Tong Park sign England Test star
In a letter, Mr Radnor Hodgson of Baildon says: “President Wilson and some of our statesmen have been especially careful to make it clear that it is the German Military Government that is the enemy and not the German people.” But can the area of enmity be thus limited? With exceptions numerically far from strong and without political power, the German people seem to accept with pleasure all that they are told about the horrors committed in their behalf. Intrigue of peace Perhaps that is partly because they are kept in ignorance. That being so, it is partly the task of the Allies to educate the Germans and as all other channels of education are closed to us, this can only be done by military force. Therefore, as President Wilson says, it is necessary to inflict a decisive defeat on Germany and not be deceived by the German ‘intrigue of peace.’
Military force the only way we can educate German ignorance
This is just a small sample of the 46 appeals against conscription heard by the Shipley Military Tribunal in the last week. Appealing on his own behalf, a grocer, aged 33, with three children, the eldest of whom is not four years old, said that he had previously had exemptions. He was a ‘one-man business.’ His wife was delicate and could take no active part in the business in which all his savings were invested. Before the war he had two assistants who had both gone. He was now doing the work of three men. It was a working-class district and he executed many small orders. It would be a very cruel hardship if he had to leave his business. Conscientious objecctors Questioned as to why the man had not attested his willingness to serve, his solicitor said he did not thing there was a great deal in the point. Many did not attest simply because they did not see their way to go for family or business reasons. A member of the tribunal, referring to conscientious objectors, said he would not put such a reflection upon the man as to ask if he was one. The name was ‘one that stinks in the nostrils of most people at this time.’ The case was postponed to September 30th. 4ft 11½in In the case of a horse driver (26), married with one child, Mr Hodgson said the man had been twice rejected but had evidently improved so much in health that he now found himself a Class A man. He was only 4ft 11½in in height. Six out of seven carriers had gone from the firm and this was the only man left. All the firm’s work went for Government purposes. Commenting upon the man’s size, the Military Representative said that one did not always pick the biggest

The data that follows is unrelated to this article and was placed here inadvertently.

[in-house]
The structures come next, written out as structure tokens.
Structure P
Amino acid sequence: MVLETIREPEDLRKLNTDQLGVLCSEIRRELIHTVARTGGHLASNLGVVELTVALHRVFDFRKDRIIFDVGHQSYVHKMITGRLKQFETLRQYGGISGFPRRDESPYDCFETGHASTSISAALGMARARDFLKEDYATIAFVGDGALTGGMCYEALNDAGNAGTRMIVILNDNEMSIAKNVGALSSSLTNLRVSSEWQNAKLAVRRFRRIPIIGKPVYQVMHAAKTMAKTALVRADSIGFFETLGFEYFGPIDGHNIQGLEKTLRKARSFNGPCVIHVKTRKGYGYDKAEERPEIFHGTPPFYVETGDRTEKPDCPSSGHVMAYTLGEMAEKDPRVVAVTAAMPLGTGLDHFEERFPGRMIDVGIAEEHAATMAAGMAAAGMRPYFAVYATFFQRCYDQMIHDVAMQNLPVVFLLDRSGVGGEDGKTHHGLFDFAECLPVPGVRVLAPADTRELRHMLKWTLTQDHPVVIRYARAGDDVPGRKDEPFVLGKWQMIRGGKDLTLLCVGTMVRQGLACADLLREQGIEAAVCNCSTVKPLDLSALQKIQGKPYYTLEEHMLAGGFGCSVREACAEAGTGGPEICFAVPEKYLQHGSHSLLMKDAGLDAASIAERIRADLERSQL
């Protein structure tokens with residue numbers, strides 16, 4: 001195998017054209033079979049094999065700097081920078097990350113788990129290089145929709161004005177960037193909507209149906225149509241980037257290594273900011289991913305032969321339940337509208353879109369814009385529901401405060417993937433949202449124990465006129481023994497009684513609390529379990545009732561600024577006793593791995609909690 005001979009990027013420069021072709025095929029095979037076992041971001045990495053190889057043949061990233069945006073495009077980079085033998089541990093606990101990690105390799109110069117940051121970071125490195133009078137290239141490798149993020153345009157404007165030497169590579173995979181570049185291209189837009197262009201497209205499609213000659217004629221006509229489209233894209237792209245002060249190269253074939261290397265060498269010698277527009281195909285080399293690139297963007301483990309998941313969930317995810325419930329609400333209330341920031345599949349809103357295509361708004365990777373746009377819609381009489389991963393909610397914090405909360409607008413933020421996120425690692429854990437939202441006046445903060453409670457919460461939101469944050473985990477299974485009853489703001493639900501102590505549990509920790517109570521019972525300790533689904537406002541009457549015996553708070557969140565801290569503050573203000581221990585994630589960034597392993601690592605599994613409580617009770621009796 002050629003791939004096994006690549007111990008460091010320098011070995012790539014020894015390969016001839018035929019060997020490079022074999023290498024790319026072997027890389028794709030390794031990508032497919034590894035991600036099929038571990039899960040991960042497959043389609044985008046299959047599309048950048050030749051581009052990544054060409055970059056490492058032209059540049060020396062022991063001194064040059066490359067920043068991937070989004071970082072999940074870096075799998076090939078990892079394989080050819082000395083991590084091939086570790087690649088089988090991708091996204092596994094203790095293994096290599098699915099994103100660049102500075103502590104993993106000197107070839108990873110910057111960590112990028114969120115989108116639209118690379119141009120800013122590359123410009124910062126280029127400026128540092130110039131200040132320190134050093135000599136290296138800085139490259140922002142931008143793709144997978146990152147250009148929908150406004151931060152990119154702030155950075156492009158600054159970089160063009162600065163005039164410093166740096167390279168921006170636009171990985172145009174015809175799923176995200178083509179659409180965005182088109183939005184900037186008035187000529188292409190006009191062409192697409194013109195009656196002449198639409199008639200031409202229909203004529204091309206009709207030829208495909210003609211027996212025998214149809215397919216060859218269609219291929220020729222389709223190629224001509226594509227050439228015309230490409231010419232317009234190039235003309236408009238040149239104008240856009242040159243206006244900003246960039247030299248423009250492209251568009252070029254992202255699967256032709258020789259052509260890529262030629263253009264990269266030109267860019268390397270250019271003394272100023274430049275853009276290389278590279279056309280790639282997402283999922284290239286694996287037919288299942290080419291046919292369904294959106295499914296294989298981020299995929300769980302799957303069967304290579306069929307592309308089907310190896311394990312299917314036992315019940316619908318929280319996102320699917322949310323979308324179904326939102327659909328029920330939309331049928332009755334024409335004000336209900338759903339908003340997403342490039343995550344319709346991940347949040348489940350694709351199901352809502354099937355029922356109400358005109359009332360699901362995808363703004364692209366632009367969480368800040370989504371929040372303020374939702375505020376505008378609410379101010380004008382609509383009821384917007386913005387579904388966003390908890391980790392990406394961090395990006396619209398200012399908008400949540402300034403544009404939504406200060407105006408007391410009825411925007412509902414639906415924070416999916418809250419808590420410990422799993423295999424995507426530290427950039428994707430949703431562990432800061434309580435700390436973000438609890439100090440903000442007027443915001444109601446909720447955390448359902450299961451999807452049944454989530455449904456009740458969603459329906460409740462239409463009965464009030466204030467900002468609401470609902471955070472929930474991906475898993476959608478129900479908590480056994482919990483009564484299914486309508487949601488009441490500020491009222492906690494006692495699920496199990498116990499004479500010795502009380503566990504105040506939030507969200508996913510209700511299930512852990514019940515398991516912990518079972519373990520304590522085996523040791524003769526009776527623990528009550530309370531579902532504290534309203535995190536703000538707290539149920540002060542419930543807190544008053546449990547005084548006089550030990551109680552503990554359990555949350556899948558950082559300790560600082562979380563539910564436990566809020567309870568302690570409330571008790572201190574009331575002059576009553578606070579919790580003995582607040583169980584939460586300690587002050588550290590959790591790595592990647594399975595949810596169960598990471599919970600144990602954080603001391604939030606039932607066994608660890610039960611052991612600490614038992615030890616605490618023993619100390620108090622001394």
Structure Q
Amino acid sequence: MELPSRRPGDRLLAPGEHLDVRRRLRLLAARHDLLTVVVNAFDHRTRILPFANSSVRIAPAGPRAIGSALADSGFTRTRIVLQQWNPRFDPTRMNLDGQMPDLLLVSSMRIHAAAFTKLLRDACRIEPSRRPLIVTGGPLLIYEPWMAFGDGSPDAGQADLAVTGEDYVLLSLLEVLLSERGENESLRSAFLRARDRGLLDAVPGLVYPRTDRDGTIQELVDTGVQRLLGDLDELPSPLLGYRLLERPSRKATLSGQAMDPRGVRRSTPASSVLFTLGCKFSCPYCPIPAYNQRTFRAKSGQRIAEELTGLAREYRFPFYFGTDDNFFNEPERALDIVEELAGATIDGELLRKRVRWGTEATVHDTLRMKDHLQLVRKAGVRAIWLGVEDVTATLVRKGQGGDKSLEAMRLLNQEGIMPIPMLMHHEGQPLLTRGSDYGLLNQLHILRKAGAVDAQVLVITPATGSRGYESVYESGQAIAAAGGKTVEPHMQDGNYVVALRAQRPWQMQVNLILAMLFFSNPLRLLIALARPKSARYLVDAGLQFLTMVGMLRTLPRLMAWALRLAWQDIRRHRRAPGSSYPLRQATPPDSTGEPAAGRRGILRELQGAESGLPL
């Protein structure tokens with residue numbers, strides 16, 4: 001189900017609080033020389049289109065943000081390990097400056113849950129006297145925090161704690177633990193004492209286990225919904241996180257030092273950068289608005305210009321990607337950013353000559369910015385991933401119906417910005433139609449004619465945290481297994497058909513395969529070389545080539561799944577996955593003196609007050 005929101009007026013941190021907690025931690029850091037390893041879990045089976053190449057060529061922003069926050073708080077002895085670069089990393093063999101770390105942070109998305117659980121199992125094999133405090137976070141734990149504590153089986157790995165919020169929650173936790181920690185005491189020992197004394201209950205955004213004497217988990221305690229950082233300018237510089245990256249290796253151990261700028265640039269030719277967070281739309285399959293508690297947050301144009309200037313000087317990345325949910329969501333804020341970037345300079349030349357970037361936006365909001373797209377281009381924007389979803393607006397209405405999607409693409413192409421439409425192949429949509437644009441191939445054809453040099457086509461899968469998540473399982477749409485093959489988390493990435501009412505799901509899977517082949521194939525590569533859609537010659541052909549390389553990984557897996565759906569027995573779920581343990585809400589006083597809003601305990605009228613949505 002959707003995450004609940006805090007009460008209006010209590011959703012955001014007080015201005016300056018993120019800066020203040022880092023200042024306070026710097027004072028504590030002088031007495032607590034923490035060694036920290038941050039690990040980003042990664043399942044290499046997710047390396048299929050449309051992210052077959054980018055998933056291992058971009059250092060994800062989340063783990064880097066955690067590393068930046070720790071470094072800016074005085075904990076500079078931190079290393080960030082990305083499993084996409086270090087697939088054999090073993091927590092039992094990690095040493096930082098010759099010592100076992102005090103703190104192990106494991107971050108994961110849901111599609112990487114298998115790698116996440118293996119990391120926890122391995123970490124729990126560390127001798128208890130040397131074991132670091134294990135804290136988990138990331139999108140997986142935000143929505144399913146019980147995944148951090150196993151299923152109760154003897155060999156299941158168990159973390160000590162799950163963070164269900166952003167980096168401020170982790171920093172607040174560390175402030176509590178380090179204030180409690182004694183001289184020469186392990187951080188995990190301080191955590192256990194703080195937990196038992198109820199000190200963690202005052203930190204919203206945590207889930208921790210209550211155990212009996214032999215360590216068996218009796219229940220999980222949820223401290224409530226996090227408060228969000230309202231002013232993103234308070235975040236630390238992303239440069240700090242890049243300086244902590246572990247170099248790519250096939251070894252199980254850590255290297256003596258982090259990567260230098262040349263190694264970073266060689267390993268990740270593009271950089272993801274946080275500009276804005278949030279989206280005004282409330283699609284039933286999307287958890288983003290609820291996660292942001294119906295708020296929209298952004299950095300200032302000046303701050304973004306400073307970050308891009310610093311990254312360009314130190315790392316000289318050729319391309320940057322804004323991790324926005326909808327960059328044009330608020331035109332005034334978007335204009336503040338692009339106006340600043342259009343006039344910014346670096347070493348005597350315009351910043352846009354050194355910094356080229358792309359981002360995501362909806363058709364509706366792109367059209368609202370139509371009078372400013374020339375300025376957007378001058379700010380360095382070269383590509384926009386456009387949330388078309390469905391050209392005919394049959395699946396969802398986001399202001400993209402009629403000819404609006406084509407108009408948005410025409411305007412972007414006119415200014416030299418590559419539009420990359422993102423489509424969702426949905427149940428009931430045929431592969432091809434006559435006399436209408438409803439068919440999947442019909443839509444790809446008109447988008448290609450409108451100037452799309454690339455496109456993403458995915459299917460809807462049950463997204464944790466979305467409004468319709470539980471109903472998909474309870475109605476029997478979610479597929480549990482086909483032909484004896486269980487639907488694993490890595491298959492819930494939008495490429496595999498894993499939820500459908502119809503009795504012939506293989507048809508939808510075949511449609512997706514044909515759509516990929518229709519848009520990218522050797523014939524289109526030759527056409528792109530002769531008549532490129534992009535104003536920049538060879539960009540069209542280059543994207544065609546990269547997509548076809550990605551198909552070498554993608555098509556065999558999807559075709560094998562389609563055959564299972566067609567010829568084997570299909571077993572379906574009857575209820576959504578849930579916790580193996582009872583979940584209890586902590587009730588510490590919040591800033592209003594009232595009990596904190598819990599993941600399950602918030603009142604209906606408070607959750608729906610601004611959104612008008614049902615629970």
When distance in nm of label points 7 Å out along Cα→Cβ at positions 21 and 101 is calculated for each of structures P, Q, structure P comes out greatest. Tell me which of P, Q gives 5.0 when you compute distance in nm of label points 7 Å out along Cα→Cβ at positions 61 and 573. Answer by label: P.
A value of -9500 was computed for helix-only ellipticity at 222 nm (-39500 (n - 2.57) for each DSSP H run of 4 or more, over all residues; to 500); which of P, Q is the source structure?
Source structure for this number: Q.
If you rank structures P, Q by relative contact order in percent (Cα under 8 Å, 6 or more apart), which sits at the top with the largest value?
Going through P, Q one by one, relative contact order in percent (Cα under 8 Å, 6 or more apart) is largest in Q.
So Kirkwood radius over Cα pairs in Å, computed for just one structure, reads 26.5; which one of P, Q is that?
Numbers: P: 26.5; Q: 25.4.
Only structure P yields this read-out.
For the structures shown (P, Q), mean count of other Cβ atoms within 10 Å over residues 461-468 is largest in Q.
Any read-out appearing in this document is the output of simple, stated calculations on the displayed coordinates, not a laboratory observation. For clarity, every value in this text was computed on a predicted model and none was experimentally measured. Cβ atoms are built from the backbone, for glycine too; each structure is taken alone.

potatoes from the sack and reminded the applicant that some of the biggest generals in the world had been men of little stature. After six months’ training this man would hardly recognise himself. The employer said that, confident this man would not be taken, he had allowed other men to go without appeal. He had advertised in vain for other men. Time expired Appeal refused, grace to August 1st. The Military Representative assured the employer that he could obtain him a substitute for the man he was taking. T H Walker (24), scraper, employed by J Parkinson & Son, engineers, said he was an A man. He was mobilised as a reservist when war broke out and had served until March 1916, having been 11 months in France. Then his time expired and he had been on work of national importance ever since. When he came home from the front he
thought he would do a bit more for his country and so took to work of national importance in place of bricklaying, his ordinary trade. The Military Representative: “You know that Parliament asks the trained soldier to have another turn. Lots of time-expired men who have come back have gone out again. Bread winner “Surely a man who is trained should be of great use to the country.” Walker: “I am the bread-winner of the house. I have my wife and my wife’s mother, an invalid, to look after.” Cllr Doyle: “You are not asking for total exemption, are you?” Walker: “I am doing more good for my country where I am.” Chairman: “You have not made out a strong case at all.” The case was adjourned to August 31st to see how the invalide mother progresses but applicant was warned that it was unlikely there would be further exemptions.”
Tribunal hears reasons not to be conscripted